Why Standard Life plc, Banco Santander SA and BT Group plc Should Lag The FTSE 100 Today

Standard Life plc (LON:SL), Banco Santander SA (LON:BNC) and BT Group plc (LON:BT.A) are among the blue-chips struggling.

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The FTSE 100 (FTSEINDICES: ^FTSE) is currently down 47 points at 6752 on the day RBS posted its final results. The bank is the biggest blue-chip faller today on a loss of £8.2bn followed next by RSA, which fell 3%, as the new CEOs of both companies plot turnarounds.

Not many blue-chips are up this morning with over 90% of FTSE 100 companies trading down as I write. This will mark the Footsie’s third day of losses after the index reached a 14 year high on Monday. I wouldn’t panic, mind — the trend will up again soon enough.

These are some of the other notable fallers:

Standard Life

ScotlandStandard Life (LSE: SL), in its annual report published today, indicated that after being headquartered in Scotland for 189 years, where it employs 5,000 people, it may be forced to move if Scottish people vote in favour of independence. While the firm didn’t offer any stance on the issue, the chief executive commented : “This is a precautionary measure to ensure continuity of our businesses’ competitive position and to protect the interests of our stakeholders.”

The firm, which is the UK’s biggest provider of defined contribution pensions, manages around £240bn of assets in total. So far it is the first major business to warn it could leave Scotland in the event of a ‘yes’ vote for independence. BP boss Bob Dudley has remarked “all business have a concern” about the upcoming referendum. Shares in Standard Life dropped 3% to 374p.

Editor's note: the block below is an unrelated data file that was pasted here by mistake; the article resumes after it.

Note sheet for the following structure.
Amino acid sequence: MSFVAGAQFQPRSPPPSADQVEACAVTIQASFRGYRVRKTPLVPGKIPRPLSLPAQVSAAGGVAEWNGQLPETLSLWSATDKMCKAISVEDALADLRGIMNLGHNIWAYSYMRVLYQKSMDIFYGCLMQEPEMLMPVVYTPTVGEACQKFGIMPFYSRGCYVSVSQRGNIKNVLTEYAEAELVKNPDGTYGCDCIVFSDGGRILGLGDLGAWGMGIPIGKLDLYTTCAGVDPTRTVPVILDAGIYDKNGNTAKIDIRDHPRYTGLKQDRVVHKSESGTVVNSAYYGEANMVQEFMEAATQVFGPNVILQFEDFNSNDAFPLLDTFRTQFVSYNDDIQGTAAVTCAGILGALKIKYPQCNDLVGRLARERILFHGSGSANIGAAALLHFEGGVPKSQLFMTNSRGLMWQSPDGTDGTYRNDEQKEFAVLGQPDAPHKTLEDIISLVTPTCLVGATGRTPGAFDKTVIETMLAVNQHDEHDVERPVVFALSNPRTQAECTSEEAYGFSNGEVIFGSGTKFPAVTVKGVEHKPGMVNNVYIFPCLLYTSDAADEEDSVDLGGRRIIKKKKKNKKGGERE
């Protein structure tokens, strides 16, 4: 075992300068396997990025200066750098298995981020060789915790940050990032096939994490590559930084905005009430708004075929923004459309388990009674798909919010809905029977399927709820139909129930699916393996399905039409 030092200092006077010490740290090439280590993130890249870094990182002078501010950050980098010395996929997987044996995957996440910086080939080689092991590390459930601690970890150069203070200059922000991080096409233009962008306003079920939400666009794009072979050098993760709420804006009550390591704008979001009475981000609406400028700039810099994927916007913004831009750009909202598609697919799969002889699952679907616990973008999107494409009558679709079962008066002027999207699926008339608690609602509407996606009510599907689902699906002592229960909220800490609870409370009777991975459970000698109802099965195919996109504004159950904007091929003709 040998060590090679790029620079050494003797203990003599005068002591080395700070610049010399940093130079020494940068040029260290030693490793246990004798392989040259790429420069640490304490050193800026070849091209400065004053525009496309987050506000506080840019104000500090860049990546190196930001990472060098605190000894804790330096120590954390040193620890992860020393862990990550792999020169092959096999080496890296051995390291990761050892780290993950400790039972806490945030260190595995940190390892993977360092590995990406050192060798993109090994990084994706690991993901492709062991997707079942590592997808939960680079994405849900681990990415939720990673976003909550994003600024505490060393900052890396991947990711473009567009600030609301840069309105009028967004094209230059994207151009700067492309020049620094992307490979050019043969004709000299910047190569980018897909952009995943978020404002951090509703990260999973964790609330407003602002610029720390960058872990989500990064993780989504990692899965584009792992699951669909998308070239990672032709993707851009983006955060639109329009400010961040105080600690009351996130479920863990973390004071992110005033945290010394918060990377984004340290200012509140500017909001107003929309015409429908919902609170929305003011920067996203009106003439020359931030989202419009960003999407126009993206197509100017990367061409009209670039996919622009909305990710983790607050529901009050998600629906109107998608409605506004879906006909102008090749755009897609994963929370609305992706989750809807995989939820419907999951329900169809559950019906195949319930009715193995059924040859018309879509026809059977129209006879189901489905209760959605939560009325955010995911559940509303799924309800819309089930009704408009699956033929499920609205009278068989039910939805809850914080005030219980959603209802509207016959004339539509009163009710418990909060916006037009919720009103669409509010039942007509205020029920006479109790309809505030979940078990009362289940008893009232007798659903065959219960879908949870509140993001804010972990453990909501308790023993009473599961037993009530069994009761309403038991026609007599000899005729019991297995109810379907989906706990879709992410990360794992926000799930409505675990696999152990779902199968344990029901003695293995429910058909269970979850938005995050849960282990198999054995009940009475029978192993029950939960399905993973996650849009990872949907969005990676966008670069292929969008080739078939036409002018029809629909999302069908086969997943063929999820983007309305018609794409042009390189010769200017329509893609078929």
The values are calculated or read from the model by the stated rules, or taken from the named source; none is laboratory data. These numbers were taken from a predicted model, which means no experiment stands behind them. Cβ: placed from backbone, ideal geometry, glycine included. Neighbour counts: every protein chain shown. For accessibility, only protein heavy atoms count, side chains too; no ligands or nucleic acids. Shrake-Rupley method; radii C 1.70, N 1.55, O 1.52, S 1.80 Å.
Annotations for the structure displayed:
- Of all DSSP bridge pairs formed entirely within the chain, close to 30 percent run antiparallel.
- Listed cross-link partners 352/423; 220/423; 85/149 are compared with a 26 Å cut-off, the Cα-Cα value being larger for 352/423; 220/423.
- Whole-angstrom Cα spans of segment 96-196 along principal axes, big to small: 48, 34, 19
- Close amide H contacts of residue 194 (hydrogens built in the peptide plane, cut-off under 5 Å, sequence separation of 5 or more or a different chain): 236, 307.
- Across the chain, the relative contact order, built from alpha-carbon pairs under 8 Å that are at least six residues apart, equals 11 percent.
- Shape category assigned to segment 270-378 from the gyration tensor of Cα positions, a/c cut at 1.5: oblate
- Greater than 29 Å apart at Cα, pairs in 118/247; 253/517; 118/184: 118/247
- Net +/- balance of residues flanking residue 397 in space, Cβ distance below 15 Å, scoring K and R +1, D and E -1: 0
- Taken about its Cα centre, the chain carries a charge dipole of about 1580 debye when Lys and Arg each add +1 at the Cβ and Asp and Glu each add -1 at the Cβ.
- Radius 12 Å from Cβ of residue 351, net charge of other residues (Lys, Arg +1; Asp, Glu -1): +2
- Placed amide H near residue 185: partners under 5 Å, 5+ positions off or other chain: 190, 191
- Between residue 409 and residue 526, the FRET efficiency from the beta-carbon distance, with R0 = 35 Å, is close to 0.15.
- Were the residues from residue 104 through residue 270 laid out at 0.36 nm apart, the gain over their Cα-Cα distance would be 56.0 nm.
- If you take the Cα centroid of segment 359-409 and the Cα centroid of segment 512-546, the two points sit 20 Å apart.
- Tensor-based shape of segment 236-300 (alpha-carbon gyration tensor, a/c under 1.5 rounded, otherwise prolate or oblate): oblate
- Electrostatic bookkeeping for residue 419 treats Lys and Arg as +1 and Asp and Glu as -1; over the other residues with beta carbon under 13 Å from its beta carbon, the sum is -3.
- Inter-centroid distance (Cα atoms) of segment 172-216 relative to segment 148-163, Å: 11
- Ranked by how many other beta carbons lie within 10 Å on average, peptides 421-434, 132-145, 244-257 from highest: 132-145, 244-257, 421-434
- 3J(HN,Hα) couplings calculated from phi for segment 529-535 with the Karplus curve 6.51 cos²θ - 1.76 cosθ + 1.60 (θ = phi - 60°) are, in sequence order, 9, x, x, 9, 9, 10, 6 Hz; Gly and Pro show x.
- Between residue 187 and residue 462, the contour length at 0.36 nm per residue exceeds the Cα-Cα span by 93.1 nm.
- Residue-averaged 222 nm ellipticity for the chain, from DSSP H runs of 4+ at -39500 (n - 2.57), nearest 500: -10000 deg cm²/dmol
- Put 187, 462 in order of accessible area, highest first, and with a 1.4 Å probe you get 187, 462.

Shares in Santander (LSE: BNC) (NYSE: SAN.US) fell 2% to 535p as the bank prepares to sell its first contingent convertible bond, which is a security, similar to traditional convertible bond, but will only convert into equity if Santander’s capital ratio falls below 5%.

Over the past year Santander has almost doubled net profits to £3.6bn, bolstered by growth shoots in the Spanish economy, which appears to be moving on from the recession. Santander is hoping to capitalise on Spain’s momentum with Spanish banks sprinting in a race for capital.

Over the previous 12 months shares in Santander have risen 8%.


BTWith so many stocks trading down, it’s difficult to pinpoint any specific reason for certain shares. Nerves on the whole are jittery. BT (LSE: BT-A) shares lost 1% to 409p in early trade this morning but longer term the stock has performed well, up 51% on this time last year.

Last month the firm returned to growth for the first time in almost five years, boosted by a hot broadband market, with £2.5m customers taking up the BT Sport offer.

It’s not for me to suggest whether any of these companies are bad investments. The market has its ups and downs, as we all know.

Should you invest, the value of your investment may rise or fall and your capital is at risk. Before investing, your individual circumstances should be assessed. Consider taking independent financial advice.

> Mark does not own shares in any company mentioned.

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